Our seas and oceans offer a vast renewable energy resource, particularly, but not only, along the Atlantic seaboard. Ocean energy technologies are currently being developed to exploit the potential of tides and waves as well as differences in temperature and salinity.
We should definitely be more careful with using plastic. Already, So many marine animals are dead because of plastic bags. Dolphins get stuck in fishing line and 6 pack holders, Tortoises starve to death from eating plastic bags, And so many more marine animals die getting caught in plastic trash. And that is only the ocean. 100, 000 land animals also die each year due to plastic pollution.
How much plastic pollution is in the ocean?
That’s a total of about 19 billion pounds of garbage. And according to one of the best estimates available, that’s how much plastic waste ends up in our oceans every year.
In a more direct route, boaters may dump their trash right into the sea. In the past, this has been the main cause of plastics in the ocean. In 1975, the National Academy of Sciences estimated that 14 billion pounds of garbage was being dumped into the ocean every year. That’s more than 1.5 million pounds per hour.
While plastic thrown into landfills contaminates the soil and groundwater with harmful chemicals and microorganisms, the effects of marine pollution caused by plastic are immeasurable. Just like on land, even in the oceanic areas, the effect of plastic on marine life has started to be felt.
How many animals die from plastic each year?
Information About Sea Turtles: Threats from Marine Debris. The Problem: Over 1 million marine animals (including mammals, fish, sharks, turtles, and birds) are killed each year due to plastic debris in the ocean. Currently, it is estimated that there are 100 million tons of plastic in oceans around the world. 100,000 marine creatures a year die from plastic entanglement and these are the ones found. Approximately 1 million sea birds also die from plastic.
Plastics in our stomach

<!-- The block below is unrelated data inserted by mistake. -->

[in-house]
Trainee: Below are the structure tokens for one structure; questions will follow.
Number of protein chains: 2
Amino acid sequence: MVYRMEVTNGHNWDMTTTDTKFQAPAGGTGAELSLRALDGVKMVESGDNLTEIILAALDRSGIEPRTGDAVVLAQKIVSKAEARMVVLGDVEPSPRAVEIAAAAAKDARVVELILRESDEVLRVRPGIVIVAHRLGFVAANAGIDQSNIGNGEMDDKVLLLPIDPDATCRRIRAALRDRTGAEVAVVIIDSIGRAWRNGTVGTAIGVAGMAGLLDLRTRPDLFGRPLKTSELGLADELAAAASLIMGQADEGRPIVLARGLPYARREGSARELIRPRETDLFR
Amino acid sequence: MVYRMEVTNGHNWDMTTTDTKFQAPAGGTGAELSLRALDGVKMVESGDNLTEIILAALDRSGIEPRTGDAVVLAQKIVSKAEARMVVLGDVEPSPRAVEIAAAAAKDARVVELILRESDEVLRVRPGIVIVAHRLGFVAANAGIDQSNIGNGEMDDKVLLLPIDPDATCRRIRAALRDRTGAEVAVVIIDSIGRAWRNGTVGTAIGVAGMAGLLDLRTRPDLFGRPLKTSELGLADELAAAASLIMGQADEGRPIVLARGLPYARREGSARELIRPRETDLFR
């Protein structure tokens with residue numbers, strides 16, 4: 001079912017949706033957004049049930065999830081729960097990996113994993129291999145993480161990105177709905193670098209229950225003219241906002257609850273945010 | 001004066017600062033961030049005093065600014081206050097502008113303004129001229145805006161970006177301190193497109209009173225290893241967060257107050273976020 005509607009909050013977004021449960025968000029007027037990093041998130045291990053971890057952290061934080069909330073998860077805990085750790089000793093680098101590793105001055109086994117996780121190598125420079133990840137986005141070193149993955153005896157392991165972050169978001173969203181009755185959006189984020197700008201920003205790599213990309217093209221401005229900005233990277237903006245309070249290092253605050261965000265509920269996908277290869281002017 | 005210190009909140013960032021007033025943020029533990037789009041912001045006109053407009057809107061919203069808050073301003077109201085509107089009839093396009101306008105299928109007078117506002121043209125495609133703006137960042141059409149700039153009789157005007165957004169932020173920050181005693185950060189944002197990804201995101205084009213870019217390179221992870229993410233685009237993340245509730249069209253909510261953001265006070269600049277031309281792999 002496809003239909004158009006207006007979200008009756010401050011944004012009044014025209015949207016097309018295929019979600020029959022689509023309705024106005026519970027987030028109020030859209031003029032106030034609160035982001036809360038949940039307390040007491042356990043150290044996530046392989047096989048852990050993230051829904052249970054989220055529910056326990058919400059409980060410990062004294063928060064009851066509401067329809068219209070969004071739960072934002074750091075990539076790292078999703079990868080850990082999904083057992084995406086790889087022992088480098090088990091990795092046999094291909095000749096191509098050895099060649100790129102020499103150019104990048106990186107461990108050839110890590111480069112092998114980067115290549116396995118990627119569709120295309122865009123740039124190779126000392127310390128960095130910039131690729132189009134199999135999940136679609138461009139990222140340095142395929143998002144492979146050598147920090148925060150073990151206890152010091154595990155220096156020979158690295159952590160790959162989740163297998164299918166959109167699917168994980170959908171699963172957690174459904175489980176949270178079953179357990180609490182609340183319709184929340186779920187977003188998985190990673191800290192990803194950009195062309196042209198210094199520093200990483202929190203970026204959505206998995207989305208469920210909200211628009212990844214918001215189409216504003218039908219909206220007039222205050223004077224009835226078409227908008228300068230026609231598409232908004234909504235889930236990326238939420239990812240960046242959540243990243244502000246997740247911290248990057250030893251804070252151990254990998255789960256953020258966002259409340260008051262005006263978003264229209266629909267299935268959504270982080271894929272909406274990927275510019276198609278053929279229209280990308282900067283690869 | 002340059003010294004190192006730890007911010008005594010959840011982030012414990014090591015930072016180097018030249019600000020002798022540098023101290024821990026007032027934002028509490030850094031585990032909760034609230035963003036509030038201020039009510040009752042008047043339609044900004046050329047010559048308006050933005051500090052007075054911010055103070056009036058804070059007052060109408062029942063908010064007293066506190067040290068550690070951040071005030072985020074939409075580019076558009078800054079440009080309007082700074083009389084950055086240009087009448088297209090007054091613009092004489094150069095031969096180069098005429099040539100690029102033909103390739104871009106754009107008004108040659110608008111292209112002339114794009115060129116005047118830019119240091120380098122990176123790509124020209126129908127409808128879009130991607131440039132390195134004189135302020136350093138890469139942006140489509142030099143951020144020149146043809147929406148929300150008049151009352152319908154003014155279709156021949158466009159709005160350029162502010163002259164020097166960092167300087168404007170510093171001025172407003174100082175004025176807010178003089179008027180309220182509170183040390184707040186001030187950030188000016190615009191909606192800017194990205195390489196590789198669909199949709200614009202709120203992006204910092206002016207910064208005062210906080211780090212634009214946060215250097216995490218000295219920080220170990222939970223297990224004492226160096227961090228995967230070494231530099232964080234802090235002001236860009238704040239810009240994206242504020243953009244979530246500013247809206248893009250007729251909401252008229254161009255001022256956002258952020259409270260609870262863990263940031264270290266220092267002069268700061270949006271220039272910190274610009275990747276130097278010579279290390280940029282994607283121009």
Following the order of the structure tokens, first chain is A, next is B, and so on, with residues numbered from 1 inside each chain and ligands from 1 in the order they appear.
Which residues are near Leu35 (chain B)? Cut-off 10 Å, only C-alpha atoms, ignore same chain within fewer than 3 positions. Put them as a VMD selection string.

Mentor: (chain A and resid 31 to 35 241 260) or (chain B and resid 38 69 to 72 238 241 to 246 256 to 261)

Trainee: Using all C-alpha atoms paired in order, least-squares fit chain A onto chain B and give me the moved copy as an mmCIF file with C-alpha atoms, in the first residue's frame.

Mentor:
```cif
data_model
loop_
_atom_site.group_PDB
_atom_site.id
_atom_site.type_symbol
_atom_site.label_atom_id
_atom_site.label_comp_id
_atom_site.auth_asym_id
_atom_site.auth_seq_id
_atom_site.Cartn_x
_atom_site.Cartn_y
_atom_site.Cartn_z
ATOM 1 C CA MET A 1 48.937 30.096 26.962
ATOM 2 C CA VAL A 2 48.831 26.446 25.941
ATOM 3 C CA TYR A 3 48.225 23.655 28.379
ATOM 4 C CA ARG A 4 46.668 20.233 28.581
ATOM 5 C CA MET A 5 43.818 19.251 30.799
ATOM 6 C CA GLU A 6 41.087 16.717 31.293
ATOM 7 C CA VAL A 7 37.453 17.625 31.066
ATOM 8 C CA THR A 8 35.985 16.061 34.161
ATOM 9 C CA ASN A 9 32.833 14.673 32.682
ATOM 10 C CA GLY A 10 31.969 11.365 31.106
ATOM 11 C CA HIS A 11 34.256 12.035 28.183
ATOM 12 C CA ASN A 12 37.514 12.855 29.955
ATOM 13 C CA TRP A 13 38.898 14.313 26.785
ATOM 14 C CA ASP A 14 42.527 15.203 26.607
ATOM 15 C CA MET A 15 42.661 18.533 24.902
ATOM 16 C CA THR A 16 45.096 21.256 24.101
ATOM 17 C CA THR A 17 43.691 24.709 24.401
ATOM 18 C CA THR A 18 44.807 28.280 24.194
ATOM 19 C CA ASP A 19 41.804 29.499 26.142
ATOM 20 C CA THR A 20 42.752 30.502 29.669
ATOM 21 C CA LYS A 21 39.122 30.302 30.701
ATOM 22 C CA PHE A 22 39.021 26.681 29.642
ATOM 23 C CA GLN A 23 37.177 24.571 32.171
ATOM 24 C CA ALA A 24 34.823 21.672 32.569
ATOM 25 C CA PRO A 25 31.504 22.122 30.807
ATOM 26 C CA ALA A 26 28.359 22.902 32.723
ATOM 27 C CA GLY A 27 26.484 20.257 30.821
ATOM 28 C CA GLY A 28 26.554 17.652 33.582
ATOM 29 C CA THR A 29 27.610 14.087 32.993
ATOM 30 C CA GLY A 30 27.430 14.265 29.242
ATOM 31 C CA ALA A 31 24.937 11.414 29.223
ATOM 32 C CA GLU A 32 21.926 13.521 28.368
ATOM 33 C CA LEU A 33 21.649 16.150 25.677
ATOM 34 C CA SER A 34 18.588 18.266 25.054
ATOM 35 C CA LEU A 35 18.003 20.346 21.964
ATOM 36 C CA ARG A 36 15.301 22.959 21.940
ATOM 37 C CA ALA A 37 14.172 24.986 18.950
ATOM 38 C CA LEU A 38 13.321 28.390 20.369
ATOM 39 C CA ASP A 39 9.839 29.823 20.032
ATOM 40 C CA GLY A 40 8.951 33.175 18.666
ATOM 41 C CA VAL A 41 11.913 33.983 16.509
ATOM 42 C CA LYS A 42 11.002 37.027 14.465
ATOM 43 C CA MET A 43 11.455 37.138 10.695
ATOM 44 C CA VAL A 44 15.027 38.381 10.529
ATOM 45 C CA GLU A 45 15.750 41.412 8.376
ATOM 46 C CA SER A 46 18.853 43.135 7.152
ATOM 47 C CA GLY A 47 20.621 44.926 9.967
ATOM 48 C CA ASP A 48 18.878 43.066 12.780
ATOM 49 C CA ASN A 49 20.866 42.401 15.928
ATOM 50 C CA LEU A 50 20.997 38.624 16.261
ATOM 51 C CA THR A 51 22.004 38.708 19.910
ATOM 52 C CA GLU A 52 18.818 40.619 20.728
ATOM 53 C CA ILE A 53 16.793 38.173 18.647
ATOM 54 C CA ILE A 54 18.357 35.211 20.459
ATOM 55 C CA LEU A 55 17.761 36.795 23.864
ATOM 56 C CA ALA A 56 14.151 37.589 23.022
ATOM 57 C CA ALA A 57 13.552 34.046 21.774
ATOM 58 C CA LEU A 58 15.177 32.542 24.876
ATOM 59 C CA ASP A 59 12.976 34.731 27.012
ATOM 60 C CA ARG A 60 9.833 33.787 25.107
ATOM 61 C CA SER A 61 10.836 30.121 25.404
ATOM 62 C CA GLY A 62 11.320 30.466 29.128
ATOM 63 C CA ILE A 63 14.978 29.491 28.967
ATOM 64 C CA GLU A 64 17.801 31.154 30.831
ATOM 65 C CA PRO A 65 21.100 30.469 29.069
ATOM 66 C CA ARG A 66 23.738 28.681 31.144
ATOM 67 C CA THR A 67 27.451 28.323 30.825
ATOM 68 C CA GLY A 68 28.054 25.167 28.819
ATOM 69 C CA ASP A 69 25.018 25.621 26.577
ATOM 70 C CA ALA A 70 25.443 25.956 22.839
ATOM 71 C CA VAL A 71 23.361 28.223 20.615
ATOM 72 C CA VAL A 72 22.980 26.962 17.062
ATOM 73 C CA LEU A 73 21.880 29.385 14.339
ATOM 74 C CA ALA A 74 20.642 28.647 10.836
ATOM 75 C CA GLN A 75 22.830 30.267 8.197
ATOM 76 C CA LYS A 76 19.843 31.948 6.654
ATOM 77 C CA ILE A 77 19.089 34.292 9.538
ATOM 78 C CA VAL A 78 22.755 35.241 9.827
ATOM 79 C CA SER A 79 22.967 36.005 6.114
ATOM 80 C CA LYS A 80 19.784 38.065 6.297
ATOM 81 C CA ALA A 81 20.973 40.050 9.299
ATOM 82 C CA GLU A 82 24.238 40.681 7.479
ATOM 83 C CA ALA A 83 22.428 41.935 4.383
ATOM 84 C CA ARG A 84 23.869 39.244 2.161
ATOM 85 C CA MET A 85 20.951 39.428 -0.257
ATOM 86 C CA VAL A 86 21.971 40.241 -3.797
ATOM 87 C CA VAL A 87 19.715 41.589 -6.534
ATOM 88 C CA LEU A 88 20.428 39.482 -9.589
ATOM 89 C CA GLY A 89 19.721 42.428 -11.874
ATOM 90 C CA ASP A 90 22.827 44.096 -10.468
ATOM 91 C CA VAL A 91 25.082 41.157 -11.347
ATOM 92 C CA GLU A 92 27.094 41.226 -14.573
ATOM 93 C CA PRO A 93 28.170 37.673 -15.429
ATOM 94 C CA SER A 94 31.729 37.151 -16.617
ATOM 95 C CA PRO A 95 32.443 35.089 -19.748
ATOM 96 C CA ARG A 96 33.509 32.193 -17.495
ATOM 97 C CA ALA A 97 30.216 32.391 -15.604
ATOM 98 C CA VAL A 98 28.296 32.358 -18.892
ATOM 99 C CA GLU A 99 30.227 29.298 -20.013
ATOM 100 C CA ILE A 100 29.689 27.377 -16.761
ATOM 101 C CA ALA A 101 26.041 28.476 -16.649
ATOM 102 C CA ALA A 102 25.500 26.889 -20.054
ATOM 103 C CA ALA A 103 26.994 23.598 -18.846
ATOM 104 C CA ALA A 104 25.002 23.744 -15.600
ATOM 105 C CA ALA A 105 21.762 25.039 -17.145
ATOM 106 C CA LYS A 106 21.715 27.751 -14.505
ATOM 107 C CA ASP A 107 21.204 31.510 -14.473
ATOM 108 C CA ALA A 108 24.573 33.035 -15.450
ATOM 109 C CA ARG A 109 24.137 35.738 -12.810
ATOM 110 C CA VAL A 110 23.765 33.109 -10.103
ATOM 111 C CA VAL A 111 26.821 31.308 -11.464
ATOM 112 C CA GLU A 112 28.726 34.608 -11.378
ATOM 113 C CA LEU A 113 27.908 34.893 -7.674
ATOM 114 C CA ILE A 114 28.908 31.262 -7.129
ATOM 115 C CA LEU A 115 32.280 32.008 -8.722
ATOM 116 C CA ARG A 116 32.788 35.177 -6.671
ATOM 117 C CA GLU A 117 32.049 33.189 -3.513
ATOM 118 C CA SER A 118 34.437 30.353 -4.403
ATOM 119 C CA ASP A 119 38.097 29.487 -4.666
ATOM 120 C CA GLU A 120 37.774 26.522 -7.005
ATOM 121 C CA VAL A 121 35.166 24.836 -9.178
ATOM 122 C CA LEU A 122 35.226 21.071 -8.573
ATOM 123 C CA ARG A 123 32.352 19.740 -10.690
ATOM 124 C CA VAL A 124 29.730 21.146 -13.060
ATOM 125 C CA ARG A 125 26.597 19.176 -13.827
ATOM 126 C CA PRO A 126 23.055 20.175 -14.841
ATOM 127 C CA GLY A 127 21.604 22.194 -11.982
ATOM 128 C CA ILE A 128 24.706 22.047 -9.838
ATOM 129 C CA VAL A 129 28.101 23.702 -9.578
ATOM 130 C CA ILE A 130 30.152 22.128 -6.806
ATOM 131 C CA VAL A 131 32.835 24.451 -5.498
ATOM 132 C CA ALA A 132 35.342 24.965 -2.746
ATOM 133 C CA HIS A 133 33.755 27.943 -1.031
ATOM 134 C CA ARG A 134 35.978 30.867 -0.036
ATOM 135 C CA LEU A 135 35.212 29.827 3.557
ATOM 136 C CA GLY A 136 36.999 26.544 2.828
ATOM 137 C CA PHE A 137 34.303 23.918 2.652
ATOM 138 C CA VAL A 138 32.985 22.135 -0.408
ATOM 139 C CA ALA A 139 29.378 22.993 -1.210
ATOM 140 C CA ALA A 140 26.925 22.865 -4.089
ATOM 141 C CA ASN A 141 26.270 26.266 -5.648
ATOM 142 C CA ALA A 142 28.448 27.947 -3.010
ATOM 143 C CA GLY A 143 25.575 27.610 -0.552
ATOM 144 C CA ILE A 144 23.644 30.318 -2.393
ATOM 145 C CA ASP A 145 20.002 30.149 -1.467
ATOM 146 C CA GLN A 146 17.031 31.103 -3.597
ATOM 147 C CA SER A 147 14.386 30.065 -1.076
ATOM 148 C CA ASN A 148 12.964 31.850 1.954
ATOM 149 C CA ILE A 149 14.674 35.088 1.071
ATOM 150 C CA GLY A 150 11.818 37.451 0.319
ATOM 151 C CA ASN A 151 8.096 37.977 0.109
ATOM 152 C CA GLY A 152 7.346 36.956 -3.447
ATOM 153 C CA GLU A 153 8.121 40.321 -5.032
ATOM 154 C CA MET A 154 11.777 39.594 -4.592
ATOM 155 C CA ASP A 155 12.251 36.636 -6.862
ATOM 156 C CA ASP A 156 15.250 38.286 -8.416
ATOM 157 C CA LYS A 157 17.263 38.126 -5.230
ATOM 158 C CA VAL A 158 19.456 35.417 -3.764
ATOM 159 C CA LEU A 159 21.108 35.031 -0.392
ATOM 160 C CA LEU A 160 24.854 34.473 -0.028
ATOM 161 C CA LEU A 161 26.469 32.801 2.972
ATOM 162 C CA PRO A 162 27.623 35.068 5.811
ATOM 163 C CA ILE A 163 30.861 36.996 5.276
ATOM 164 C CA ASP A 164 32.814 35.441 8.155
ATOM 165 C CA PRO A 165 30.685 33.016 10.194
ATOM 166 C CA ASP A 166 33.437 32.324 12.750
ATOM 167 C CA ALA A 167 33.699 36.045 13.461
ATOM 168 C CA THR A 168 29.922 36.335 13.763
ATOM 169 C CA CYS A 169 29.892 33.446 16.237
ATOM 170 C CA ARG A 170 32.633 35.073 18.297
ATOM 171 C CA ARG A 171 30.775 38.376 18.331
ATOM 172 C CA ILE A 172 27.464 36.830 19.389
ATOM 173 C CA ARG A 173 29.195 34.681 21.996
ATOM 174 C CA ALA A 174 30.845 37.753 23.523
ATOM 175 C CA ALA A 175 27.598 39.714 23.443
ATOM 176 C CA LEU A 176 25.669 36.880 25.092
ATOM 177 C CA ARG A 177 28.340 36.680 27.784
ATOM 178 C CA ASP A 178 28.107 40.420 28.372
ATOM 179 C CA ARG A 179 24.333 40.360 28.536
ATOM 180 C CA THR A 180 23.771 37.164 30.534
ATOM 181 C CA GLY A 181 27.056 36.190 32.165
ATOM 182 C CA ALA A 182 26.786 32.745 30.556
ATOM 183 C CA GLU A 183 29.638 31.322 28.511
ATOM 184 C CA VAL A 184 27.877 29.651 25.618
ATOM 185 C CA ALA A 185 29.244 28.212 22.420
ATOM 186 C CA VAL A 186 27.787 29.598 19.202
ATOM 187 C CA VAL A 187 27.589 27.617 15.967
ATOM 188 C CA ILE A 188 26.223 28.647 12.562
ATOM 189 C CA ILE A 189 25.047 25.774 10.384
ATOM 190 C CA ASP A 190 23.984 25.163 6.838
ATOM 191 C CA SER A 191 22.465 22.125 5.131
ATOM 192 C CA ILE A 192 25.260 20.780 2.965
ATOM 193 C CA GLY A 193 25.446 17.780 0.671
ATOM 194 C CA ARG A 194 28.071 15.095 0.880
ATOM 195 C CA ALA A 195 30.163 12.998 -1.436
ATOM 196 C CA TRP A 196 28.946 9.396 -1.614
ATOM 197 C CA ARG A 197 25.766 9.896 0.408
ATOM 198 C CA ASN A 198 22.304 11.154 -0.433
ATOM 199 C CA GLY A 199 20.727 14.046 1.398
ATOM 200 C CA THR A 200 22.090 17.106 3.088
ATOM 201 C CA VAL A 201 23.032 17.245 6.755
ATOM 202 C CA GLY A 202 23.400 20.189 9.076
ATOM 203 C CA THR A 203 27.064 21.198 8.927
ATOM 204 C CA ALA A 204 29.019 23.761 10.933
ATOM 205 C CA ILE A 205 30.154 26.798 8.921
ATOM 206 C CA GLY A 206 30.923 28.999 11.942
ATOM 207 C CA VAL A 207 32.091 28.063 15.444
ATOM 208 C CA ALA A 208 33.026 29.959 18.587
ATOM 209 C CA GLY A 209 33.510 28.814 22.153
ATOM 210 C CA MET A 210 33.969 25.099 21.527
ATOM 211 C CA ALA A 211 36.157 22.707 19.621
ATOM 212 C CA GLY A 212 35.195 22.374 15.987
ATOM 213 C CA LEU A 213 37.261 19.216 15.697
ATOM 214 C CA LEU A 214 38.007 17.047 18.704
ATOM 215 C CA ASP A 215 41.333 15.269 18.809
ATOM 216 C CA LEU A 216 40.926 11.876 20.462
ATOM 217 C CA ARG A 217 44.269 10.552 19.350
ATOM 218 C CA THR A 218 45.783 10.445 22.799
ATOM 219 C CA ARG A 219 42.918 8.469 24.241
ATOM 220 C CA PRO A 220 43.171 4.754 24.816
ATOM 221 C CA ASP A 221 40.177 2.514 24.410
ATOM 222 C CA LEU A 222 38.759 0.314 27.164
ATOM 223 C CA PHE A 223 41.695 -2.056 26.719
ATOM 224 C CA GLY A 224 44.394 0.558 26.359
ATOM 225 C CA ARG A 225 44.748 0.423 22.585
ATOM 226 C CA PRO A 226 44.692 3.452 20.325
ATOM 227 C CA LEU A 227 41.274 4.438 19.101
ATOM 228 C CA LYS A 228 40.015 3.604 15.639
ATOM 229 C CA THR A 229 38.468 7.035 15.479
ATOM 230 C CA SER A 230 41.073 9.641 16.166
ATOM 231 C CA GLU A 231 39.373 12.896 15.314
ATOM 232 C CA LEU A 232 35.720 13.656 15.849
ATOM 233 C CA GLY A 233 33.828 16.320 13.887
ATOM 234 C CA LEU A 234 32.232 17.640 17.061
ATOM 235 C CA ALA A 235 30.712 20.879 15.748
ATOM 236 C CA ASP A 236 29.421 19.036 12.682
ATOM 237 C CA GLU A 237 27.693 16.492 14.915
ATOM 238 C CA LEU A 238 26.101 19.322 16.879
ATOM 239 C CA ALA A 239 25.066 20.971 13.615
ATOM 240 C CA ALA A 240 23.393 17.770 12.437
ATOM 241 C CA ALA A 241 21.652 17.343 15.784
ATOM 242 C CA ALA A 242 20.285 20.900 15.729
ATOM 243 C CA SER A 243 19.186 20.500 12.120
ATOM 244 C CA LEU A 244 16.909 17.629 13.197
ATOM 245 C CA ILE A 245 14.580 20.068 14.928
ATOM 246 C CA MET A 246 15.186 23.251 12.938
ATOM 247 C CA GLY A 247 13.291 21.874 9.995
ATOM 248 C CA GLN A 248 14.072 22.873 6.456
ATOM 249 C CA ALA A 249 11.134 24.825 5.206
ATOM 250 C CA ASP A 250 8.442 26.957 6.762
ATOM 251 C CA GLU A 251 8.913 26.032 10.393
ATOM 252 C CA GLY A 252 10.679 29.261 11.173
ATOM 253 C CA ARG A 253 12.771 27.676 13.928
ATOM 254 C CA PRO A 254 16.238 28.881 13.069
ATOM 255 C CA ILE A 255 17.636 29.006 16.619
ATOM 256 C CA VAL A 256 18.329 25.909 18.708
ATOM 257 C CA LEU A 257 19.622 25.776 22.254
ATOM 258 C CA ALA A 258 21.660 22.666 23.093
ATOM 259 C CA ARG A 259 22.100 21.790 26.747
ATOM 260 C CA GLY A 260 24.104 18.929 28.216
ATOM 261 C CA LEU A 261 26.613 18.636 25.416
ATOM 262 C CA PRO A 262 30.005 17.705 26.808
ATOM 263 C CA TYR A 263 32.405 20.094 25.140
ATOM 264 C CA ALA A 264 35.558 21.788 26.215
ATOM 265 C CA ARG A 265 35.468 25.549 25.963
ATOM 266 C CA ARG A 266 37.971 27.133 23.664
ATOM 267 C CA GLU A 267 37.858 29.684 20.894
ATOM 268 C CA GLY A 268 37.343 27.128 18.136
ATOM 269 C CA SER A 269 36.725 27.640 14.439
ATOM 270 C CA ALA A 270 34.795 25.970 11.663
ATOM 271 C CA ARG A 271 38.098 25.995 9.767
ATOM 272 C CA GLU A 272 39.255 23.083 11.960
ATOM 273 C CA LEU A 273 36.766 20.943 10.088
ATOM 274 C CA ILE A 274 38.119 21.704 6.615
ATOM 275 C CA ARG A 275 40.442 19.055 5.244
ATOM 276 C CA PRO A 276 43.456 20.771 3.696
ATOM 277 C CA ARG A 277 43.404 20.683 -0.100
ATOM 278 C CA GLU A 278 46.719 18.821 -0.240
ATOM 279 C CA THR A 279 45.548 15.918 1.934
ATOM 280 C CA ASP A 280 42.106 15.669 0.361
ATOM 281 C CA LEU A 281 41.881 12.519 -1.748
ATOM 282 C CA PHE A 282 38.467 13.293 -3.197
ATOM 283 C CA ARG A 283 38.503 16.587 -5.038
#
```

Once in the ocean, bottles and straws break up into microscopic pieces which are ingested by marine life – from the smallest plankton to the largest whale. Creatures often can’t pass plastics once in their stomach, so their guts fill up with plastic, leaving less space for food, and they slowly starve.
Saying no to plastic bottles and plastic straws is a great way to keep plastic pollution out of our oceans. Container deposit schemes can also help. These are systems that pay a small refund when people return their containers to a recycling location. Studies show that Container Deposit Schemes increase the recovery of plastic bottles by a whopping 80%!
Who invented the plastic?
– Leo Hendrik Baekeland
The first plastic based on a synthetic polymer was made from phenol and formaldehyde, with the first viable and cheap synthesis methods invented in 1907, by Leo Hendrik Baekeland, a Belgian-born American living in New York state. The modern lightweight shopping bag is the invention of Swedish engineer Sten Gustaf Thulin. In the early 1960s, Thulin developed a method of forming a simple one-piece bag by folding, welding and die-cutting a flat tube of plastic for the packaging company Celloplast of Norrköping, Sweden.
The Bangladesh government was the first to do so in 2002, imposing a total ban on the bag. Such a ban has also been applied in countries or regions such as Rwanda, China, Taiwan, Macedonia and Kenya.